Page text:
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Assange: WikiLeaks helping Snowden seek Iceland asylum

June 20, 2013 at 3:00 AM   |   Comments

LONDON, June 20 (UPI) -- WikiLeaks is helping Edward Snowden, the self-declared U.S. spy-program leaks source, broker asylum in Iceland, anti-secrecy group founder Julian Assange said.

"I feel a great deal of personal sympathy with Mr. Snowden," Assange told reporters in a conference call from Ecuador's embassy in London on the first anniversary of being holed up in the compound to avoid being sent to Sweden to face questioning in a sexual-offense investigation.

"We are in touch with Mr. Snowden's legal team and are involved in the process of brokering his asylum in Iceland," Assange said, adding WikiLeaks and Snowden's team were reviewing both the legal and practical obstacles of such asylum.

The Icelandic Embassy in Washington said Reykjavik was approached by Snowden advocates but would comment no further.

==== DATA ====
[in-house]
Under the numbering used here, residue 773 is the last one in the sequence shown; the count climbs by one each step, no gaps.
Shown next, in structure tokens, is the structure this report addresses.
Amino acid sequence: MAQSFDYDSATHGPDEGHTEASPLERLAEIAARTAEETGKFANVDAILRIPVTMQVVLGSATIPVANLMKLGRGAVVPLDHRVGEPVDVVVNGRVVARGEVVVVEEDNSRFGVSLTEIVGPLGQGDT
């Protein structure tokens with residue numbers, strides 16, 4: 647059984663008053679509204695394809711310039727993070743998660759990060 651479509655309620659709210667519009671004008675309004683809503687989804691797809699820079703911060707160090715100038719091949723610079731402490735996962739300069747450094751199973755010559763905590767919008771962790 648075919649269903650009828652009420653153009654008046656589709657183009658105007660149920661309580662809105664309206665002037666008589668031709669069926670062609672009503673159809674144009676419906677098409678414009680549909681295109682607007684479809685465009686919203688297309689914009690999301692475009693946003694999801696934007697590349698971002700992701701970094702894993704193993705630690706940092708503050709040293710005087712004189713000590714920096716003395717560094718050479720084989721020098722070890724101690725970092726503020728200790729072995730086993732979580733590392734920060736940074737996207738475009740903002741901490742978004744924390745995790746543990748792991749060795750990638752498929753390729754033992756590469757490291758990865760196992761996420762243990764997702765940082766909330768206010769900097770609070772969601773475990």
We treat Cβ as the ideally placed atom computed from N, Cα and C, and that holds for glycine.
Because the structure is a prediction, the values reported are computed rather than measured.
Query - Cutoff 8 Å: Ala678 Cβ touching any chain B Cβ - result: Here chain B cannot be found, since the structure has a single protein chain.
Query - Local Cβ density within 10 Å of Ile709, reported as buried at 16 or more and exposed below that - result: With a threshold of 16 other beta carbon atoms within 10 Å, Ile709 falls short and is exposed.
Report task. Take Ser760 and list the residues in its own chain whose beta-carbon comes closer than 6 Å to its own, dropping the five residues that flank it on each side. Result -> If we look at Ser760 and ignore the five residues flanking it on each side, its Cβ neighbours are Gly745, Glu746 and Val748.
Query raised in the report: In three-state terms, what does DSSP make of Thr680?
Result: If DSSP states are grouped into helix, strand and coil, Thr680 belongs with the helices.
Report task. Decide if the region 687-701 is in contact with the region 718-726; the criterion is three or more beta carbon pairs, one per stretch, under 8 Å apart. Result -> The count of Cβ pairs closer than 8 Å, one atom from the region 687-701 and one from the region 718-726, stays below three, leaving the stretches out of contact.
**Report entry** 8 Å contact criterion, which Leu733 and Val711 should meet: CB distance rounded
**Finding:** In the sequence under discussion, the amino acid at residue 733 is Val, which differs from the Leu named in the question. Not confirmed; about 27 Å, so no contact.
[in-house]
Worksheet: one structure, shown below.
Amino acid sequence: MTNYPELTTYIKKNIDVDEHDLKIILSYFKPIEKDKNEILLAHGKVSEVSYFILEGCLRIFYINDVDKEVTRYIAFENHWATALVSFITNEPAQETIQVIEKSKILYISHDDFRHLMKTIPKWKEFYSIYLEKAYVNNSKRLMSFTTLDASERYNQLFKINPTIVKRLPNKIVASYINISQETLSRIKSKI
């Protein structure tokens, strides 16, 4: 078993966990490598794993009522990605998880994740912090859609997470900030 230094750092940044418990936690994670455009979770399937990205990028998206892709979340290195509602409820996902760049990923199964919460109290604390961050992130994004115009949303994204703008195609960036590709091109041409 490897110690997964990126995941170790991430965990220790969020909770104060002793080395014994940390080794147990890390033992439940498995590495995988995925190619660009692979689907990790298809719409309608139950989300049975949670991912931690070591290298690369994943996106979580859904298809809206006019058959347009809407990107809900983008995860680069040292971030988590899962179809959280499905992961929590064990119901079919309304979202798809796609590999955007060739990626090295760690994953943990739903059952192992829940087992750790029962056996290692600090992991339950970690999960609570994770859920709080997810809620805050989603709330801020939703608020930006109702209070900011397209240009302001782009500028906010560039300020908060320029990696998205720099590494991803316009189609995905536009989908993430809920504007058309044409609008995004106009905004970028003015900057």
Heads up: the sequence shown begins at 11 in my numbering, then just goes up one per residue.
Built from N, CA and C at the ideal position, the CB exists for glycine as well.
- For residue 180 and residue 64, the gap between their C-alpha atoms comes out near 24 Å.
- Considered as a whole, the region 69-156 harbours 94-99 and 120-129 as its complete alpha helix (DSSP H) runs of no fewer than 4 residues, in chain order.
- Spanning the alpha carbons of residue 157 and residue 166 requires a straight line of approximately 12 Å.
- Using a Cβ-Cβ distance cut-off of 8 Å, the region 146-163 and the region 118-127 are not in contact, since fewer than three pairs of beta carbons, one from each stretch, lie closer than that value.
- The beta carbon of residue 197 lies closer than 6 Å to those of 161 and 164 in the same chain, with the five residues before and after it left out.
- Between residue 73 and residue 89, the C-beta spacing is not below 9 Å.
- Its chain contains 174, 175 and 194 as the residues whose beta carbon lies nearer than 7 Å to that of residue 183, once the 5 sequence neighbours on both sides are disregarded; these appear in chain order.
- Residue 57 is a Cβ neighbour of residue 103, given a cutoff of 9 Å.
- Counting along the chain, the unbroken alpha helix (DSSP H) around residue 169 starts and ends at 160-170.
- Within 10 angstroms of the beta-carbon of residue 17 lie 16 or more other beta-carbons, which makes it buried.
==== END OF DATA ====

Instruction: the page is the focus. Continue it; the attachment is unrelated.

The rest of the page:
Icelandic Ambassador to China Kristin Arnadottir told Hong Kong's South China Morning Post an asylum applicant must already be in Iceland to be considered.

In an email she said Iceland's Interior Ministry handled all asylum applications.

The ministry had no immediate comment.

Asked if Snowden could fly to Iceland without being stopped by U.S. or allied officials, Assange said, "All those issues are being looked at by the people involved."

Snowden, a rogue former National Security Agency contractor, told British newspaper The Guardian, when he first leaked hundreds of classified documents on NSA surveillance, he wanted to seek asylum in a nation that shared his values. He said he thought Iceland was more aligned with his values than other countries.

He also expressed concerns about whether he would be safe there.

Snowden, 29, is believed hiding in Hong Kong. He has acknowledged he is likely to be prosecuted for the unauthorized disclosures.

U.S. officials have confirmed he is under investigation, but they have not charged him, at least publicly.

Assange, 41, declined to say if he had direct contact with Snowden. He also declined to say if Wikileaks was in touch with Snowden before he provided the phone and Internet surveillance details to The Guardian and The Washington Post.

"As a matter of policy, we do not discuss issues which may relate to sourcing," Assange said.

Assange also urged the Obama administration to drop its investigation into WikiLeaks.

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